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Masjed-e Jāmé of Isfahan
مسجد جامع اصفهان – Masjid-e-Jāmeh Isfahān
Jameh Mosque of Isfahan
A selection of texts that examine the medieval period from a variety of aesthetic perspectives
The Agency of Things in Medieval and Early Modern Art by This volume explores the late medieval and early modern periods from the perspective of objects. While the agency of things has been studied in anthropology and archaeology, it is an innovative approach for art historical investigations. Each contributor takes as a point of departure active things: objects that were collected, exchanged, held in hand, carried on a body, assembled, cared for or pawned. Through a series of case studies set in various geographic locations, this volume examines a rich variety of systems throughout Europe and beyond.
Call Number: N72.S6 A34 2018
Publication Date: 2017
Anjou by In 2000 the annual conference of The British Archaeological Association met at Angers in France. This publication contains sixteen papers from the conference, in English and French, covering a number of different aspects of the history, art and architecture of Anjou and its surrounding area in the medieval period. The subjects discussed include: Anjou in the 12th and 13th centuries; the evolution of medieval stone construction; religious art in Anjou; the Romanesque Abbey Church; the sculpture of Ronceray d'Angers; architectural patronage of the Counts of Anjou; Cistercian architecture; painted murals. Contributors are:
Call Number: N6851.A54 A54
Publication Date: 2003
Armenia by A fascinating exploration of art created by the varied Armenian kingdoms that connected the East and West during the Middle Ages As the first people to officially convert to Christianity, Armenians commissioned and produced astonishing religious objects. This sumptuous volume depicts and contextualizes the compelling works of art that defined the rich and complicated culture of medieval Armenians, including carvings, liturgical furnishings, beautifully illustrated manuscripts, gilded reliquaries, exquisite textiles, printed books, and more. Situated at the center of trade routes that connected the East and West during the Middle Ages, Armenia became a leading international trade partner for Seljuk, Mongol, Ottoman, and Persian overlords, while also serving as a powerful ally to Byzantium and European Crusader states. Written by a team of international scholars, with contributions from Armenian religious leaders, this book will stand as the definitive text on the art and culture of medieval Armenia.
Call Number: N7274 .A76 2018
Publication Date: 2018
Art from the Court of Burgundy by Art from the Court of Burgundy commemorates the sixth centenary of the death of Philip the Bold (1342-1404) of the house of Valois, the first Duke of Burgundy and brother of the King of France. The extraordinary artistic flowering of this period, stimulated by interaction among the princely courts of France and the Low Countries, found strikingly individual expression at the court of Burgundy. The pomp and ceremony required by the dukes produced a brilliant patronage in whose service painters, sculptors, and goldsmiths could exercise their talents to the full. Remarkable architectural projects were also undertaken. The Carthusian monastery known as the Chartreuse de Champmol was one of the most important artistic worksites of this age, the crucible in which was formed works of surpassing quality: the sculptures of Claus Sluter and the paintings of Jean de Beaumetz, Melchoir Broederlam, and Jean Malouel. Fifty-three scholars have contributed to the volume, which accompanies exhibits at the Mus#65533;e des Beaux-Arts, Dijon, and the Cleveland Museum of Arts.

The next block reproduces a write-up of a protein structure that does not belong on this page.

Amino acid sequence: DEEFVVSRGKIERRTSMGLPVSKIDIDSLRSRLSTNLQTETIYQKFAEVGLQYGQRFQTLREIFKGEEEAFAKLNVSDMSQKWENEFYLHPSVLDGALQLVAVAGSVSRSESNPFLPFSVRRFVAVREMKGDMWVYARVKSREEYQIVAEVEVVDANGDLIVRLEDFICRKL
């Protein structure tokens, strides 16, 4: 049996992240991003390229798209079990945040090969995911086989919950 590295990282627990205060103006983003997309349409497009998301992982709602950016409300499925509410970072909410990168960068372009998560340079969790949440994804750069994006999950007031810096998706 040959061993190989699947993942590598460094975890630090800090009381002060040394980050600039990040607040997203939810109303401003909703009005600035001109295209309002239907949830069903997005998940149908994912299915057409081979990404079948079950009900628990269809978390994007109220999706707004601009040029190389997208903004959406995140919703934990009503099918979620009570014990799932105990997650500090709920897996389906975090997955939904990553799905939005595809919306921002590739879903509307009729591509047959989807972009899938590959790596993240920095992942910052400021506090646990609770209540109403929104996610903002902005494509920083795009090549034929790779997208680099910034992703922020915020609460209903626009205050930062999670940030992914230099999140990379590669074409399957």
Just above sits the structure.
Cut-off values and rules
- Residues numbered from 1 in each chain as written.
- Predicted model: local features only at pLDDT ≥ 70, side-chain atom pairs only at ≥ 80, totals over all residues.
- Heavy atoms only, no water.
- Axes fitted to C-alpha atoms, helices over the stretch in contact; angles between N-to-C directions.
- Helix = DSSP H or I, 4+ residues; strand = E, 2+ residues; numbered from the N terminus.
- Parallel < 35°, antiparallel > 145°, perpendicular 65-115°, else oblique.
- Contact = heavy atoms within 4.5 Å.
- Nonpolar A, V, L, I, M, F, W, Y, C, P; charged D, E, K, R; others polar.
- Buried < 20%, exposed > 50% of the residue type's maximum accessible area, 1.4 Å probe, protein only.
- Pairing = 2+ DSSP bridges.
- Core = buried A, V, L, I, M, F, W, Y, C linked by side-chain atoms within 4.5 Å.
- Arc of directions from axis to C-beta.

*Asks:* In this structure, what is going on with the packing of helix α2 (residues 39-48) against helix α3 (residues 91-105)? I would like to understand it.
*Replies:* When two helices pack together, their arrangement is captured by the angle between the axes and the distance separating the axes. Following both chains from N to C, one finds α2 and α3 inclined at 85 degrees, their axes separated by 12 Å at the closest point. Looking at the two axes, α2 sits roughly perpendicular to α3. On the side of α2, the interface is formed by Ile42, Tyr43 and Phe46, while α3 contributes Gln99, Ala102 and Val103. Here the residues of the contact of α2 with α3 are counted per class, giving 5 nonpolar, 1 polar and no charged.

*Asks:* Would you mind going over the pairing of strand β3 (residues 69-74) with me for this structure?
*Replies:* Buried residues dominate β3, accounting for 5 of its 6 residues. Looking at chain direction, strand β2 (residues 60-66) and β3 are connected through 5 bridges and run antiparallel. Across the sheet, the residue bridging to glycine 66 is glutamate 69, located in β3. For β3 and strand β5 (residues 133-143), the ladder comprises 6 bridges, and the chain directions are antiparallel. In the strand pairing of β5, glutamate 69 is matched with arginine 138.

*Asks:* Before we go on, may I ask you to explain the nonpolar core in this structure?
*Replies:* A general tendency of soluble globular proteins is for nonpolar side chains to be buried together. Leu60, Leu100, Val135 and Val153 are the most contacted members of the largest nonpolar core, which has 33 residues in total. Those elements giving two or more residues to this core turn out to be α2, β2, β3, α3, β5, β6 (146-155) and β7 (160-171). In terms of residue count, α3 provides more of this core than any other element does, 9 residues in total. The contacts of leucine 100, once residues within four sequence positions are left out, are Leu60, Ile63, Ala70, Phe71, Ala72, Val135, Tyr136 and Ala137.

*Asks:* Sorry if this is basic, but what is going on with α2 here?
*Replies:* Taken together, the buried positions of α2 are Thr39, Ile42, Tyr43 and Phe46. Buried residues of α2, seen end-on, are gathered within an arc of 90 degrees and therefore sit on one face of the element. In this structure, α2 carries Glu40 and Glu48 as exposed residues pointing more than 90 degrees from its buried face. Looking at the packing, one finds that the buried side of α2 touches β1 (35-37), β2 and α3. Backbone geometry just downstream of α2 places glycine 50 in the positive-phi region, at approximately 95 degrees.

Call Number: 709.40902 A784
Publication Date: 2005
Art in Spain and Portugal from the Romans to the Early Middle Ages by In this extensively illustrated book, Rose Walker reconsiders Spanish and Portuguese art and architecture from the time of the Romans to the turn of the eleventh century. Challenging earlier overviews, Walker highlights the artistic unities shared by Christians and Muslims that culminated in the later tenth century and went on to inform aspects of Romanesque art. The book draws together an exceptionally diverse range of academic studies, including work previously familiar only to Hispanophone audiences.
Call Number: N7103 .W35 2016
Publication Date: 2016
Believing and Seeing by Developments in medieval science that elevated sight above the other senses found religious expression in the Christian emphasis on miracles, relics, and elaborate structures. In his incisive survey of Gothic art and architecture, Roland Recht argues that this preoccupation with vision as a key to religious knowledge profoundly affected a broad range of late medieval works. In addition to the great cathedrals of France, Recht explores key religious buildings throughout Europe to reveal how their grand designs supported this profusion of images that made visible the signs of scripture. Metalworkers, for example, fashioned intricate monstrances and reliquaries for the presentation of sacred articles, and technical advances in stained glass production allowed for more expressive renderings of holy objects. Sculptors, meanwhile, created increasingly naturalistic works and painters used multihued palettes to enhance their subjects’ lifelike qualities. Reimagining these works as a link between devotional practices in the late Middle Ages and contemporaneous theories that deemed vision the basis of empirical truth, Recht provides students and scholars with a new and powerful lens through which to view Gothic art and architecture.nbsp; nbsp;